The Soloist and Grace

Welcome back to Thoughtful Thursday and the Symphony of God Woman’s Bible Study Lesson Series. You may have picked up on this, but I play in an orchestra. Actually, I have played violin in the Columbia Orchestra for many years. Every year we hold a Young Artists Competition for Middle and High School students. The winners get to play a solo with the orchestra. All of these kids are utterly phenomenal. This week’s lesson actually happened during one of these concerts.. and I thought it was so beautiful and touching, I wanted to share it here.

The Soloist and Grace

Symphony of God Woman’s Bible Study Lesson

The soloist walked to the center of the stage and took a bow amidst the welcoming applause. With a nod, she raised her violin and the conductor gave the downbeat. The performance of her lifetime had just begun. Her tone was achingly beautiful, the notes flew across the strings with a flourish, and she exuded the confidence of someone who had spend many hours practicing and rehearsing the music. She played this piece by heart.
She had internalized it completely.

And then it happened.

She faltered.

She made a mistake.

She forgot her part.

The performance of her lifetime was ruined.

The audience gasped. The musicians in the orchestra cringed.

Is that the end of the story though? Did the soloist freeze on stage with a deer in the headlights look? Did she run off stage crying?

I mean, there was absolutely nothing she could do to fix her mistake. Her mistake was unrecoverable and on her own, she would not be able to finish playing the music.

However, all hope was not lost.

The Conductor Intervenes

As soon as the soloist faltered, the conductor noticed immediately. Without causing a scene, he intervened. He quietly stopped conducting, nodded to the soloist to start up again, and brought the rest of the orchestra in on cue as he guided the soloist back to familiar territory.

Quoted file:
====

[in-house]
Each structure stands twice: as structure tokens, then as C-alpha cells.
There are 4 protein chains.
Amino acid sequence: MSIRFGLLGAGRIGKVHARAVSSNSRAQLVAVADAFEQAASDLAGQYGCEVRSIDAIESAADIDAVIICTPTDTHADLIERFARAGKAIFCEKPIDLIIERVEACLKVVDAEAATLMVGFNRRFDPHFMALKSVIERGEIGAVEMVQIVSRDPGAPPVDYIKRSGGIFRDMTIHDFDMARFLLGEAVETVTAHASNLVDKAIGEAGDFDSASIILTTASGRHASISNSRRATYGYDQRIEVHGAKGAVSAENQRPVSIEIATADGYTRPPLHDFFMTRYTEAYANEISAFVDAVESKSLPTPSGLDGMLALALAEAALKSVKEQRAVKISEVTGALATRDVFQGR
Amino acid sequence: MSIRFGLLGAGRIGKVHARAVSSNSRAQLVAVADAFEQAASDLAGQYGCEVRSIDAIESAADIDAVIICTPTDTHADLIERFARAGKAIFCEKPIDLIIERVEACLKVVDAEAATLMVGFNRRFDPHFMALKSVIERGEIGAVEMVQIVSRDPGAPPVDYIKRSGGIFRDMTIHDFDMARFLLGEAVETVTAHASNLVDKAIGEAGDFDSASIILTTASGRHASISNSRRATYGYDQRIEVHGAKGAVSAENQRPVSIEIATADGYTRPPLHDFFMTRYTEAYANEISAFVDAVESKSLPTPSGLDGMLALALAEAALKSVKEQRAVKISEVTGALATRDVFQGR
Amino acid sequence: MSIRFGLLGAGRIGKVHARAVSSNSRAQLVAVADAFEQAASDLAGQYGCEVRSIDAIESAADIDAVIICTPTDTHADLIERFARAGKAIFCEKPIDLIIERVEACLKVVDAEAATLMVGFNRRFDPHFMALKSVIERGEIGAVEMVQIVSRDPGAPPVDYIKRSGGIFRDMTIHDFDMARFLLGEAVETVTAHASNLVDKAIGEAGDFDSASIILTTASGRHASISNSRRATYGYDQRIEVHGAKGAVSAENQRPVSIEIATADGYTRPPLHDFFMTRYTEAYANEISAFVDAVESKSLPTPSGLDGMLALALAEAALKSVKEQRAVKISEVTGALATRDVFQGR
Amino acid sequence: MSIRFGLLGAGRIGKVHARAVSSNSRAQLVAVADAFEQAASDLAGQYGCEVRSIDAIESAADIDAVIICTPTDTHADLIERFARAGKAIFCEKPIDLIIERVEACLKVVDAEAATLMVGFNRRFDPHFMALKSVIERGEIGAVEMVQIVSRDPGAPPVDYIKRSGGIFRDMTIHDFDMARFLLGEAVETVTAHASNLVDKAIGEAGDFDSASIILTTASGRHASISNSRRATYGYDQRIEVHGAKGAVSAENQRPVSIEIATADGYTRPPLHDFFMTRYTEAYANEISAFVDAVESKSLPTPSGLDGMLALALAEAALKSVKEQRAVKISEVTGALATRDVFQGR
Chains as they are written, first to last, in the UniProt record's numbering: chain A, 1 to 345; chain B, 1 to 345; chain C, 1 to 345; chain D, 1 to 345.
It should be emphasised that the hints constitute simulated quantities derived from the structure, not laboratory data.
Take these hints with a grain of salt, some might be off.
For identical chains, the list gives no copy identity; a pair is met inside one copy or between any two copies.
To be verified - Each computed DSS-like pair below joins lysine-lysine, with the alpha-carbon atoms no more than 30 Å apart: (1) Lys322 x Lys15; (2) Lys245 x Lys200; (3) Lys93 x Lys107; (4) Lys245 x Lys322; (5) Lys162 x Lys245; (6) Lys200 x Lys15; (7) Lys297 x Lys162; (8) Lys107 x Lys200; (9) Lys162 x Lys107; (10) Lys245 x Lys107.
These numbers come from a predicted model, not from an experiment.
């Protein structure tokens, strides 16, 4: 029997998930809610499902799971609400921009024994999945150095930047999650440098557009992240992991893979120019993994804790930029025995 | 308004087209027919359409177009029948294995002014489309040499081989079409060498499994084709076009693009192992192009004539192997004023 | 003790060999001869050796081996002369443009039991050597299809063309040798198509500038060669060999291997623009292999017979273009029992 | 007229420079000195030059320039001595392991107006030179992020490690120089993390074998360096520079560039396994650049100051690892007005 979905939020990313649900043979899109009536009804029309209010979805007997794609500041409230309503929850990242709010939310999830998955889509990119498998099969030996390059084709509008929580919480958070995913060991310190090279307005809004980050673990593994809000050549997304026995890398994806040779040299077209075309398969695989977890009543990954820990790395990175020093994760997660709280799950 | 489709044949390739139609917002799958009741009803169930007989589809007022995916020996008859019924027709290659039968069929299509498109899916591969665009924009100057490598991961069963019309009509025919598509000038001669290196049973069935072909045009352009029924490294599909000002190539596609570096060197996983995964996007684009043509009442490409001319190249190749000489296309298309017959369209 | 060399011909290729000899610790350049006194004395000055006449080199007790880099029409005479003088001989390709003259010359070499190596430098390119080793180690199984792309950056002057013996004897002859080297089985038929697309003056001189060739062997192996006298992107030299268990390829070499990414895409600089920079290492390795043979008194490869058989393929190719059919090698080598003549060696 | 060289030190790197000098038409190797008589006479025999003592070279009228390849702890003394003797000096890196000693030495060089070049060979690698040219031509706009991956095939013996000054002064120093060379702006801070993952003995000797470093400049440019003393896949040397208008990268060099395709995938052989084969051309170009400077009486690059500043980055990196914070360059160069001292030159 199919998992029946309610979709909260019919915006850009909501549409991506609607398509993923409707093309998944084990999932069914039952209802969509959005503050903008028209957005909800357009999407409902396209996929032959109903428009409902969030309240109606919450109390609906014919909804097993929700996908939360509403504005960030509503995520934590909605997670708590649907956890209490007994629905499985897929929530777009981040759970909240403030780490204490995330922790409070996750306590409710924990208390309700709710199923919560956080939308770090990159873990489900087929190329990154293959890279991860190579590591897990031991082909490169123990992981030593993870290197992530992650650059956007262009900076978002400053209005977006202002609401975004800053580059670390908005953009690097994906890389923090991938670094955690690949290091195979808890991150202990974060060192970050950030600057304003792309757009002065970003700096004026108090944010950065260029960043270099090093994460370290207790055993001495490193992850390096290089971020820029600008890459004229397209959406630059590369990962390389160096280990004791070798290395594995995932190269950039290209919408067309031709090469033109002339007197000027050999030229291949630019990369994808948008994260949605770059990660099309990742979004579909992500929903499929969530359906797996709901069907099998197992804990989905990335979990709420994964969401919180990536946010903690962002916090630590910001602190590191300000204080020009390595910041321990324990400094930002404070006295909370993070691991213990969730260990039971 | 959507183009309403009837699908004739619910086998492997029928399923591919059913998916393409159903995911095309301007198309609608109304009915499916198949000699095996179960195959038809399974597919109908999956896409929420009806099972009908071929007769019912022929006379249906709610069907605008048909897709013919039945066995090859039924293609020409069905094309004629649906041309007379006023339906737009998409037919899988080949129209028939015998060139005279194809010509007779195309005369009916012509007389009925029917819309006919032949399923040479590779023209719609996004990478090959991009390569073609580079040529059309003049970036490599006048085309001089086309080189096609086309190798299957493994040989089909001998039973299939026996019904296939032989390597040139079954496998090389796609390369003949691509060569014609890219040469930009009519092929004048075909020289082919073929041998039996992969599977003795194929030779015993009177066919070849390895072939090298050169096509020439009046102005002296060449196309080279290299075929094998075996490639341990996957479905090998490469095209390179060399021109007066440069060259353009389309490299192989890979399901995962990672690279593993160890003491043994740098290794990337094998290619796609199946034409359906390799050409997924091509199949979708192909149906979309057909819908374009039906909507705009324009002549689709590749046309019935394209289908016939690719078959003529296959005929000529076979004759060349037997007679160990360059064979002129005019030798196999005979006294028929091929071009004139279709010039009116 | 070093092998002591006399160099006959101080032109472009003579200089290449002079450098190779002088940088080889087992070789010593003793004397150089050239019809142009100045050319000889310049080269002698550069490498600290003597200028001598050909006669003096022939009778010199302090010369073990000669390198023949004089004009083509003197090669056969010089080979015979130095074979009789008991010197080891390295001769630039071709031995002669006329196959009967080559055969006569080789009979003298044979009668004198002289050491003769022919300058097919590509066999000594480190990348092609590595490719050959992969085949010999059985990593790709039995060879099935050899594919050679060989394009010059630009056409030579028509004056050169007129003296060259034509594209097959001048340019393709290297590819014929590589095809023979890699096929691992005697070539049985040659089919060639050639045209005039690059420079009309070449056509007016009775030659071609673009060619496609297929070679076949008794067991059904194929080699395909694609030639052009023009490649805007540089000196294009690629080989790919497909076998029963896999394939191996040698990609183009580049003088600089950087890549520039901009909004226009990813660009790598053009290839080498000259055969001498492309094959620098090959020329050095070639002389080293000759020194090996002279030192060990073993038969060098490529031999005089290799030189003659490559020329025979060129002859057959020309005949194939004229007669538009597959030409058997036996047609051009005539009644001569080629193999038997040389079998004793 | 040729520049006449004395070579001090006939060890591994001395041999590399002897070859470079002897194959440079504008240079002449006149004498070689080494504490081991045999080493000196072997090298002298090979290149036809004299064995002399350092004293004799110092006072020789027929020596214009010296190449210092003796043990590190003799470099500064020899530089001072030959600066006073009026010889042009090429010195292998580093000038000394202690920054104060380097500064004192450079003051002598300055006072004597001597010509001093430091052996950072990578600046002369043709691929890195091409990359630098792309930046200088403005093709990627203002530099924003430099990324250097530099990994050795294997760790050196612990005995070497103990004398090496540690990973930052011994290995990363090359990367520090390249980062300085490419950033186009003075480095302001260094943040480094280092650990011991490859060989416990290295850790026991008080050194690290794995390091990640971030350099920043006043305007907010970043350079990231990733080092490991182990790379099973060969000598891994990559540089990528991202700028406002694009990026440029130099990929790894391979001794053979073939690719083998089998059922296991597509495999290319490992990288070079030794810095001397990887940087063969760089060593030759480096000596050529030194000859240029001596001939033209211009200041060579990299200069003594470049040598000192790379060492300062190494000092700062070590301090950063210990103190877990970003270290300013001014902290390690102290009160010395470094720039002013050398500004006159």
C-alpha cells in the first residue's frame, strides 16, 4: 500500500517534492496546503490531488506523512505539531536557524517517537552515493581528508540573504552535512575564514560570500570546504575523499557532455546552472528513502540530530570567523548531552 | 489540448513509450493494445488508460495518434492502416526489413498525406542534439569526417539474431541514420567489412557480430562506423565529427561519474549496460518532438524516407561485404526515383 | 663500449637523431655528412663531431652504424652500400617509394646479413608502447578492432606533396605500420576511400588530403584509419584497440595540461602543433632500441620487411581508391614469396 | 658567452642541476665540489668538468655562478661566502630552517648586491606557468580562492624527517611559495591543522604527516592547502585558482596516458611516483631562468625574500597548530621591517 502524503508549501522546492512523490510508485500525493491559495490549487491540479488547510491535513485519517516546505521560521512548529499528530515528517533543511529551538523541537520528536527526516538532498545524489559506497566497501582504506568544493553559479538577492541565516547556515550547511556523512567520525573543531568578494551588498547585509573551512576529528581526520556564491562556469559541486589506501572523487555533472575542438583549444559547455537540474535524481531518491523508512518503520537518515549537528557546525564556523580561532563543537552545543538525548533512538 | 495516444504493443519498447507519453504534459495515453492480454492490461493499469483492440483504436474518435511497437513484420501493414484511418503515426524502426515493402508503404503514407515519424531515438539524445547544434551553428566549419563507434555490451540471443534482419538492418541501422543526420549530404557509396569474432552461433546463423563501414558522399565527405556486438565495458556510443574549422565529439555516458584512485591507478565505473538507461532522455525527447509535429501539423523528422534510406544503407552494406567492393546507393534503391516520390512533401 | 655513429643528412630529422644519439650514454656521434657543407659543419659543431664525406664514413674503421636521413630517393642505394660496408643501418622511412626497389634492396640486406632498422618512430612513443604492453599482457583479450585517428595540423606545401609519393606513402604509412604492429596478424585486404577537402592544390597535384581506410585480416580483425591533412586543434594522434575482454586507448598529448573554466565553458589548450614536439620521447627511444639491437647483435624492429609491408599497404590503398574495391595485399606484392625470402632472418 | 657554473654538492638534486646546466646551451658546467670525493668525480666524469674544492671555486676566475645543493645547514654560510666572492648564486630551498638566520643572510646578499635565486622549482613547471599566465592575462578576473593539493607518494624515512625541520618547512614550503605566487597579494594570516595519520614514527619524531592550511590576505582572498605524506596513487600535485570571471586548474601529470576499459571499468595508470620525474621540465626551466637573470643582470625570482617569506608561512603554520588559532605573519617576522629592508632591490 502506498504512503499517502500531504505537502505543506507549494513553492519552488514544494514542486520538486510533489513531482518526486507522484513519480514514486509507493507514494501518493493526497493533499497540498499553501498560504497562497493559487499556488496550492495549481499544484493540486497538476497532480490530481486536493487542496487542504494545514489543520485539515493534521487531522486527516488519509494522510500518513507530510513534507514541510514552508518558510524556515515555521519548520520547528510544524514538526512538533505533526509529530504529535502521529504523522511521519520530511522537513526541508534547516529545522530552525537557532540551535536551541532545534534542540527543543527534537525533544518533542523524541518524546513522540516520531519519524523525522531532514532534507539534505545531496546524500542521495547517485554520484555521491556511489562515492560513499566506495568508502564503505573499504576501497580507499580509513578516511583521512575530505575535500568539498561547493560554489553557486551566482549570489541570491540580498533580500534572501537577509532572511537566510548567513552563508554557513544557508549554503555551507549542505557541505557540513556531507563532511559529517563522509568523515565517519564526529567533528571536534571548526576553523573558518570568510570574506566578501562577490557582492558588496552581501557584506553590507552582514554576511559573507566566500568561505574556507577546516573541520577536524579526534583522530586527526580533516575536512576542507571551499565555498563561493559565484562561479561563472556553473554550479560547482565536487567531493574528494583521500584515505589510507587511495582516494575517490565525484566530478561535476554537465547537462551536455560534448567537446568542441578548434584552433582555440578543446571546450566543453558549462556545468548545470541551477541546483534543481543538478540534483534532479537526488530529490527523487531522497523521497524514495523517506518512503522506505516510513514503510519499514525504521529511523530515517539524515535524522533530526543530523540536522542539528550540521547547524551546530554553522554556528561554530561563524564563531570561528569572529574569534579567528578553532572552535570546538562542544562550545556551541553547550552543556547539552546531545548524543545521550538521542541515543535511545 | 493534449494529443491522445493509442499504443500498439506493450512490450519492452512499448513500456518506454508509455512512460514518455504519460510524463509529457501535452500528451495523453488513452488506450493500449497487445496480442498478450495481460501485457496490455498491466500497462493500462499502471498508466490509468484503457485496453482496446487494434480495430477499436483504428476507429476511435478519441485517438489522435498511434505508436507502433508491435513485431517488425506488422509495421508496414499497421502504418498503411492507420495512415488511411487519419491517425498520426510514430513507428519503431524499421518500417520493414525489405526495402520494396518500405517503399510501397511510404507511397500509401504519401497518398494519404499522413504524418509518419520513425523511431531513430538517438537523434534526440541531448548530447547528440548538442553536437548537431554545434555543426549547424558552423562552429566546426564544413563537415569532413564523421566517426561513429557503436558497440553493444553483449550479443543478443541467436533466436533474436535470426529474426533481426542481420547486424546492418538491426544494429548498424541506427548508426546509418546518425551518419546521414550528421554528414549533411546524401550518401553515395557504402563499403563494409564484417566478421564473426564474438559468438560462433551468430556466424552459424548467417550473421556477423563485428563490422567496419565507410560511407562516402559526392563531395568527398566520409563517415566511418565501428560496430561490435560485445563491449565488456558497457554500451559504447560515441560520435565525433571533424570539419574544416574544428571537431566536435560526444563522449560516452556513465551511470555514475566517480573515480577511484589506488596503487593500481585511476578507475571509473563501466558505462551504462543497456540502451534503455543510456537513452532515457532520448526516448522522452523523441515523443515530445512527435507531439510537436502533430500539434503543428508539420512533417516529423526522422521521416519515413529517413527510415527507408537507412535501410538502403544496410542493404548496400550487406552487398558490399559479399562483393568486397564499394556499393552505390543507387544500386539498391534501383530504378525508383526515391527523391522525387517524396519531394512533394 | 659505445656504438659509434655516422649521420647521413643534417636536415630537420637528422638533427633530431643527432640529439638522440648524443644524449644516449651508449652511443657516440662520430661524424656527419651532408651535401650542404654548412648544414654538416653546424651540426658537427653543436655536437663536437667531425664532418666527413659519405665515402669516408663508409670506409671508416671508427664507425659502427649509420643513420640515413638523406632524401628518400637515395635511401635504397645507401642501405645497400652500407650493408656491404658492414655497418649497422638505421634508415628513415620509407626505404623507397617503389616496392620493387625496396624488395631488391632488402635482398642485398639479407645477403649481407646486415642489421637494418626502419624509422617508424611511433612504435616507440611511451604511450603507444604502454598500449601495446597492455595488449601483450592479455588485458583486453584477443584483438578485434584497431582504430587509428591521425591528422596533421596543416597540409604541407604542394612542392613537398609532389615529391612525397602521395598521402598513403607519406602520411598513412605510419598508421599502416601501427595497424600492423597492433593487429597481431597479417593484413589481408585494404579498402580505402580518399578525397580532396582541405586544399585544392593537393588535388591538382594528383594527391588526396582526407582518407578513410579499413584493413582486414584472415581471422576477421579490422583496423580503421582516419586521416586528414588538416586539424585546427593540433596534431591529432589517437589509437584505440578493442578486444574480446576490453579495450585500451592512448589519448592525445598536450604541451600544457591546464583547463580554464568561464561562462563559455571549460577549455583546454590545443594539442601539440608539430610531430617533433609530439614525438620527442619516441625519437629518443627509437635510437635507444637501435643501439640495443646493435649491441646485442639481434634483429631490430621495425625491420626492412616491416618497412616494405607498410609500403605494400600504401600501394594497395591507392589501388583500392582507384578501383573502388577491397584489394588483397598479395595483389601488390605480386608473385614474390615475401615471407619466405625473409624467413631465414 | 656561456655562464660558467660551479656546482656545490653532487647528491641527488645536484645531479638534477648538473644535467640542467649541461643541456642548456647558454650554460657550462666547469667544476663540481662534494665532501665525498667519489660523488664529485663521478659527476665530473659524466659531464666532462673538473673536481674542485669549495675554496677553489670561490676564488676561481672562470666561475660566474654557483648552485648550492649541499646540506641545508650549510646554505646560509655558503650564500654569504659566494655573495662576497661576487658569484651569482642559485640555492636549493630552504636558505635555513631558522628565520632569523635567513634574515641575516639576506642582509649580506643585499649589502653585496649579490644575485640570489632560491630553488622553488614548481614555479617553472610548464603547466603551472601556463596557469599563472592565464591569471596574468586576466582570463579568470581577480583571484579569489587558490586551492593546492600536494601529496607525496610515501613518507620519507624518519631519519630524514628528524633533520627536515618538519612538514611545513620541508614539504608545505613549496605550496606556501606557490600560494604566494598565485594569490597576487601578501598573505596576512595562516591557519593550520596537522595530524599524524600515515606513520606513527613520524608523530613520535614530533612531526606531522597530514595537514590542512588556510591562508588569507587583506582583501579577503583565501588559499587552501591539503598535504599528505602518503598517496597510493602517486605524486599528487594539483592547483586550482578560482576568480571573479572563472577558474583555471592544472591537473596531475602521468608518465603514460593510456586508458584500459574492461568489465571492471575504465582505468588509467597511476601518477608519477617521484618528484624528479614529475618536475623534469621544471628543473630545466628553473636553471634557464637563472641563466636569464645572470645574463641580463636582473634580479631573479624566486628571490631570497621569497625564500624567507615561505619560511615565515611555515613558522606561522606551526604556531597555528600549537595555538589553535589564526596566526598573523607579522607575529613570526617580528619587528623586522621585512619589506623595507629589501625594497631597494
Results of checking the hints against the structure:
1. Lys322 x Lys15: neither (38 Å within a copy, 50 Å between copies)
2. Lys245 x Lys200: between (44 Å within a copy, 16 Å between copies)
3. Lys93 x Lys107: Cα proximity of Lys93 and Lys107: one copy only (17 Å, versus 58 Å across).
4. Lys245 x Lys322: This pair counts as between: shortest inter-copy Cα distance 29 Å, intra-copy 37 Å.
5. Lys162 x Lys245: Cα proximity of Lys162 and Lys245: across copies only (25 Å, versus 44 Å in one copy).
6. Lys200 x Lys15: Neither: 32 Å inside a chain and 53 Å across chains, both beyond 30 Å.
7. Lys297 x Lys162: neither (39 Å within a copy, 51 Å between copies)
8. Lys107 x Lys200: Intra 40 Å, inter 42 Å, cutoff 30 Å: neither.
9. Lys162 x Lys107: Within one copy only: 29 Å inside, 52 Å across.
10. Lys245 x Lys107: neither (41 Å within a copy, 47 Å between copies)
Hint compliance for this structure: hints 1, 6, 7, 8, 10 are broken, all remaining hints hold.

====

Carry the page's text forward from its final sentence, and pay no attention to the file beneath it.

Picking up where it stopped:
The soloist finished strong and at the end of her solo, the conductor shook her hand like nothing had happened.. like no mistakes had been made. The audience applauded. There was a standing ovation. Flowers were given. Congratulations were free flowing.

So, how does this relate to our faith?

  • Luke 15 talks about the parable of the Lost Sheep. In the parable, the shepherd goes to great lengths to seek and save one lost sheep.

Jesus, as our conductor, will go to great lengths to salvage our performance.. to advocate for our salvation. However, we still have to turn to Him. We can’t quit. We can’t give up. We have to look for His guidance and once again follow His lead. This is the only way we can finish playing God’s masterpiece. This is the only way we can recover from our sin.

  • Jesus is our great advocate, our champion. He makes us holy and blameless before God. When we make mistakes… when we sin, Jesus intervenes to pay the penalty for our sin. Jesus pays the penalty and at the same time does something we can not do on our own– He creates a way for us to get back to the task at hand and finish the solo.
  • Jesus remembers our sin no more. As far as the East is from the West… that is how far our sin is removed from us.